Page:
Treating Parkinson’s disease with propolis and Levodopa is safer than using Levodopa alone

Researchers from Uganda recently found that, due to its beneficial effects on muscle function, “bee glue” could be a promising supplement to Levodopa – one of the main drugs used to treat Parkinson’s symptoms.

By Josephine Kasolo

Parkinson’s disease is a nerve degenerating disorder that affects 1% of people over 65 worldwide. It is characterized by the loss of dopaminergic neurons, and causes symptoms, such as uncontrollable shaking (tremors), rigidity of facial muscles, difficulty initiating movements and, when initiated, difficulty ceasing movements. Symptoms are commonly treated with Levodopa, a drug that often causes side effects after prolonged use.

Shaky hands are a common symptom of Parkinson’s disease © Daisy-Daisy/Getty Images

Propolis – or “bee glue” – is a resinous mixture produced by honeybees by mixing their saliva and wax with materials gathered from plants. It is composed of resin (50%), wax (30%), essential oils (10%), pollen (5%), and other organic compounds (5%). Bees use propolis to seal small holes in their hives.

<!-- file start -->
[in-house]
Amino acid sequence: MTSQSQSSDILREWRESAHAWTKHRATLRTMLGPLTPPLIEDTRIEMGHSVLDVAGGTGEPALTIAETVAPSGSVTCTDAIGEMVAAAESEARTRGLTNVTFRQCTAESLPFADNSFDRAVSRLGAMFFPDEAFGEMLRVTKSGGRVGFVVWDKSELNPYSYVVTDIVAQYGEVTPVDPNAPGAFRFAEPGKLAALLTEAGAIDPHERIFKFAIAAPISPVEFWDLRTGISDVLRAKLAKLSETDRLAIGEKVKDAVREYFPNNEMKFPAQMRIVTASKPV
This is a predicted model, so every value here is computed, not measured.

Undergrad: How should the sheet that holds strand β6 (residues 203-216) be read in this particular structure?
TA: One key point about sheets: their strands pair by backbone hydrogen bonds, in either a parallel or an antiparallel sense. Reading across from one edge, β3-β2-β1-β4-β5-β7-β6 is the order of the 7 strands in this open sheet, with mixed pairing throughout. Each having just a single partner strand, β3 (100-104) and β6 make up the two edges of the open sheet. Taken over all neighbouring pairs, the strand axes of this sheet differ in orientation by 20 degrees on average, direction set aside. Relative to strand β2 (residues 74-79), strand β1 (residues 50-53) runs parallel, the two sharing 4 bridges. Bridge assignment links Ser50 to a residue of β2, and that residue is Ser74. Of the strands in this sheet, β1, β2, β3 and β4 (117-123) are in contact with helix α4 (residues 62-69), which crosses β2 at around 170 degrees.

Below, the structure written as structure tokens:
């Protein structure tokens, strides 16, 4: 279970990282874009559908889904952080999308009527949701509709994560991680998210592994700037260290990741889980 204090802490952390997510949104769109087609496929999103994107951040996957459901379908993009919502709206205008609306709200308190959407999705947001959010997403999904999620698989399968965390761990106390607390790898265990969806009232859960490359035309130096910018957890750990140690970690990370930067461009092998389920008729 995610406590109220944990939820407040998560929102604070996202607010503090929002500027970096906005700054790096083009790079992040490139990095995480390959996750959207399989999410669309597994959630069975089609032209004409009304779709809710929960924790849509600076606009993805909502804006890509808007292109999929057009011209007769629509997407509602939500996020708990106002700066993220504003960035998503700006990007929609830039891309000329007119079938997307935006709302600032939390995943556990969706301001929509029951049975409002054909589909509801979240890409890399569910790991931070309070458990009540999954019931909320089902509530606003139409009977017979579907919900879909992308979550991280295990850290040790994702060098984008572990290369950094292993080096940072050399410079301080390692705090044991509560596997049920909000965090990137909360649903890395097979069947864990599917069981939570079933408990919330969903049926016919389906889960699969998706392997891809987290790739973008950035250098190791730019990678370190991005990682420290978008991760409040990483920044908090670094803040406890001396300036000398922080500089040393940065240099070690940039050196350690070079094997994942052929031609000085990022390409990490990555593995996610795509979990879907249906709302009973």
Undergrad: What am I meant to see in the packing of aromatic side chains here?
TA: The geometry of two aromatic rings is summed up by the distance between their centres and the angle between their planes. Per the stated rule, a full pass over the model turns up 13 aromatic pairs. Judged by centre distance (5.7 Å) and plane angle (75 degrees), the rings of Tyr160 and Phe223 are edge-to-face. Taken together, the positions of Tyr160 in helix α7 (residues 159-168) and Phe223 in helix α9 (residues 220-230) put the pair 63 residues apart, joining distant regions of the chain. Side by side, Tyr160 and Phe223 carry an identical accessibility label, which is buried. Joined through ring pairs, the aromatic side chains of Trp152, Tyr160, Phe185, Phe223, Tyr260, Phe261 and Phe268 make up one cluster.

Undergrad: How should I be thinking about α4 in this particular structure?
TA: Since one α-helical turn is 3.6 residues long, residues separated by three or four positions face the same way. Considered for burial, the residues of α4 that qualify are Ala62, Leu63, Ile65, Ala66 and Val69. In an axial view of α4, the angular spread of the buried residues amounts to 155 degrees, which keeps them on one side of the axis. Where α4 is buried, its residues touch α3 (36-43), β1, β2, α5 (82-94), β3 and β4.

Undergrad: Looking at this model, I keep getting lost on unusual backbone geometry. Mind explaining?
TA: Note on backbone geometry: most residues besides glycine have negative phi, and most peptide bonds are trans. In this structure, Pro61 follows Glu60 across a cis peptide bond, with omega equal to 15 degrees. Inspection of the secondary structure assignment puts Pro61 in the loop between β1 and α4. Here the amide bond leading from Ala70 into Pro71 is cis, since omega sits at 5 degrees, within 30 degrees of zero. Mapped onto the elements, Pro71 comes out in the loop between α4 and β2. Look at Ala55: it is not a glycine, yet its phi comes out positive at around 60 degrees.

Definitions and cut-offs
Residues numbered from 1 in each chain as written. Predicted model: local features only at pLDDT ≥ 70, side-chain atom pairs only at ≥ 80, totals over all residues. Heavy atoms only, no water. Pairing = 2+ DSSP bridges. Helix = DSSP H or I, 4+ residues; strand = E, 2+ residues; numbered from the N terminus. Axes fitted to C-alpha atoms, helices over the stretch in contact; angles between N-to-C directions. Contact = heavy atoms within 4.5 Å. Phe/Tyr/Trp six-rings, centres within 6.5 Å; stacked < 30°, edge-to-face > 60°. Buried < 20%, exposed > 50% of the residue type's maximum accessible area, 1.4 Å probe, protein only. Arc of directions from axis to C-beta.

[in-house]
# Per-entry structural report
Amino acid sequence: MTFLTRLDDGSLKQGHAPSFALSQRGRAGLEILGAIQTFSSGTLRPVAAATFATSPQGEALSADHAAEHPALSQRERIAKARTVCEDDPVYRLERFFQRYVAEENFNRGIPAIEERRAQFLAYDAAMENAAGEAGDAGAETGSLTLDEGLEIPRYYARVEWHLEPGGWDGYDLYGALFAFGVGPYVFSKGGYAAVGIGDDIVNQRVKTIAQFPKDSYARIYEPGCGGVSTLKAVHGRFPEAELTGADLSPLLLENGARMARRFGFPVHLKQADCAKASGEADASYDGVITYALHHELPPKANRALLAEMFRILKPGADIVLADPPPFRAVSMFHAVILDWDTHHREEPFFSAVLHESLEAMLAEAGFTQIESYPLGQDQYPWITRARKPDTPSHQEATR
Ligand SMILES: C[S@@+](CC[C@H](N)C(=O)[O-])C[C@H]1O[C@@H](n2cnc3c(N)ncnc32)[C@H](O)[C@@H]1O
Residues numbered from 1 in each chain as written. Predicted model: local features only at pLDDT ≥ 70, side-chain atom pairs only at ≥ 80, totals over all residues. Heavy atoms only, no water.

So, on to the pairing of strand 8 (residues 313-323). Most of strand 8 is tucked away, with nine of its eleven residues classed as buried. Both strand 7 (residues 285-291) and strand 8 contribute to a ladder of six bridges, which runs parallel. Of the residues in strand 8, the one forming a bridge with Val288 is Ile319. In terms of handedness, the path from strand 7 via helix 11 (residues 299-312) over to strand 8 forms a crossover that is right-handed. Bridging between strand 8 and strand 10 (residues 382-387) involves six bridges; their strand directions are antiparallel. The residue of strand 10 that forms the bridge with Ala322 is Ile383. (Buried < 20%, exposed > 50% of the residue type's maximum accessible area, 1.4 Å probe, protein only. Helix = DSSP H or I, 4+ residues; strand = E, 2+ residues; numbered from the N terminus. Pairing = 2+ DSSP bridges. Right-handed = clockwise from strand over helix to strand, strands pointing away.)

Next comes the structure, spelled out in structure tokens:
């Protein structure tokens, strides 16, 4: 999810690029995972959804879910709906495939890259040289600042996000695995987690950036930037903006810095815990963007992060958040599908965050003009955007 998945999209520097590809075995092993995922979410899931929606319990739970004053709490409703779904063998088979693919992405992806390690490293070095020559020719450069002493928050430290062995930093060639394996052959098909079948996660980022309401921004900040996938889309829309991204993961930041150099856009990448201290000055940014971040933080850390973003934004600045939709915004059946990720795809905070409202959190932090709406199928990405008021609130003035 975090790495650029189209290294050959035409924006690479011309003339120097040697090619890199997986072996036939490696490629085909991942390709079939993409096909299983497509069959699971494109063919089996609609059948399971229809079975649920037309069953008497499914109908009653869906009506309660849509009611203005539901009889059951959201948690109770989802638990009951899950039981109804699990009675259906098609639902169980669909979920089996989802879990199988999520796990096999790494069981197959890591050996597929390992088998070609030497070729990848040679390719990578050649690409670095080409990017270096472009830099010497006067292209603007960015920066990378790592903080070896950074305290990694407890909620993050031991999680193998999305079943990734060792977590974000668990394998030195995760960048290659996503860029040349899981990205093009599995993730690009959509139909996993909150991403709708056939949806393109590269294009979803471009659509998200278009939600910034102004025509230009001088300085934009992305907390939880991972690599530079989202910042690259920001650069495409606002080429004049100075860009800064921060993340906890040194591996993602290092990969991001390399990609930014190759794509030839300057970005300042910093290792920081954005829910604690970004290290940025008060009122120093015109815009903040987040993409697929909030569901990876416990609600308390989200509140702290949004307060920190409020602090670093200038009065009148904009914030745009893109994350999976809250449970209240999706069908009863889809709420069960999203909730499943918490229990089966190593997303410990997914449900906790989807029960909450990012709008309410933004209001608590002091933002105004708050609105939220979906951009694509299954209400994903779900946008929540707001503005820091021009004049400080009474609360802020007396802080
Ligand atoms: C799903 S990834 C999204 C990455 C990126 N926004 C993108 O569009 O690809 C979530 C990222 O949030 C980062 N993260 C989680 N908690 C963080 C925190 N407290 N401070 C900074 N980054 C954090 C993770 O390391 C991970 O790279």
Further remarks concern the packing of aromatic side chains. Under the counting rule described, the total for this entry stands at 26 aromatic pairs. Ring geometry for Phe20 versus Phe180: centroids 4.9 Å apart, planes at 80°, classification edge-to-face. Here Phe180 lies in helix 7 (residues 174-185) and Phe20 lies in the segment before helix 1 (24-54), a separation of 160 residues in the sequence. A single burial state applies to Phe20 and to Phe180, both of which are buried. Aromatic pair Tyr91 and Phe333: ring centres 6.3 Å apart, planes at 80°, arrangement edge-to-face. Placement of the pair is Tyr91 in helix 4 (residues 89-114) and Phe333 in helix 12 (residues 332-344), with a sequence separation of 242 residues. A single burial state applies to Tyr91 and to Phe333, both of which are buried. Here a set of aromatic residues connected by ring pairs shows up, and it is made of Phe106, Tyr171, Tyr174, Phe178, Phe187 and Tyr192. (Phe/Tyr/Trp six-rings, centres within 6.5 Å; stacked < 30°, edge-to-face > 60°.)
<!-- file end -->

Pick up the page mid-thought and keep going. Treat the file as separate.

Humans use propolis as a natural remedy as it contains non-nutritive secondary metabolites with medicinal properties. In fact, propolis has broad-spectrum biological and pharmacological properties, being antioxidant, anti-inflammatory, anti-proliferative and anti-diabetic, as well as providing liver and cardiovascular protection.

Honeybees © Ivan Marjanovic/Getty Images

Levodopa and propolis – a promising combination?

In a study recently published in the Journal of Complementary and Integrative Medicine, researchers from Uganda compared the effects of using Levodopa alone versus a combination of propolis and Levodopa in the management of Parkinson’s disease.

Using Drosophila melanogaster – also known as the common fruit fly – as a model, the authors showed that the administration of a combination of propolis with Levodopa not only significantly prevented the impairments in muscle function commonly associated with the long-term use of Levodopa, but actually improved muscle function. They thus concluded that propolis could be a useful remedy in the management of Parkinson’s disease.

To find out more, read the original article here:

Emmanuel Ayikobua, Josephine Kasolo, Keneth Kasozi, Ejike Eze, Abass Safiriyu, Herbert Ninsiima, Kennedy Kiyimba, Jackline Namulema, Edward Jjesero, Ibrahim Semuyaba, Daniel Mwandah, Ronald Kyobe, Muhamudu Kalange, Alfred Okpanachi and Miriam Nansunga: Synergistic action of propolis with levodopa in the management of Parkinsonism in Drosophila melanogaster, 09.05.2020.

The Editors

Articles signed by the editors were written in a collective effort.

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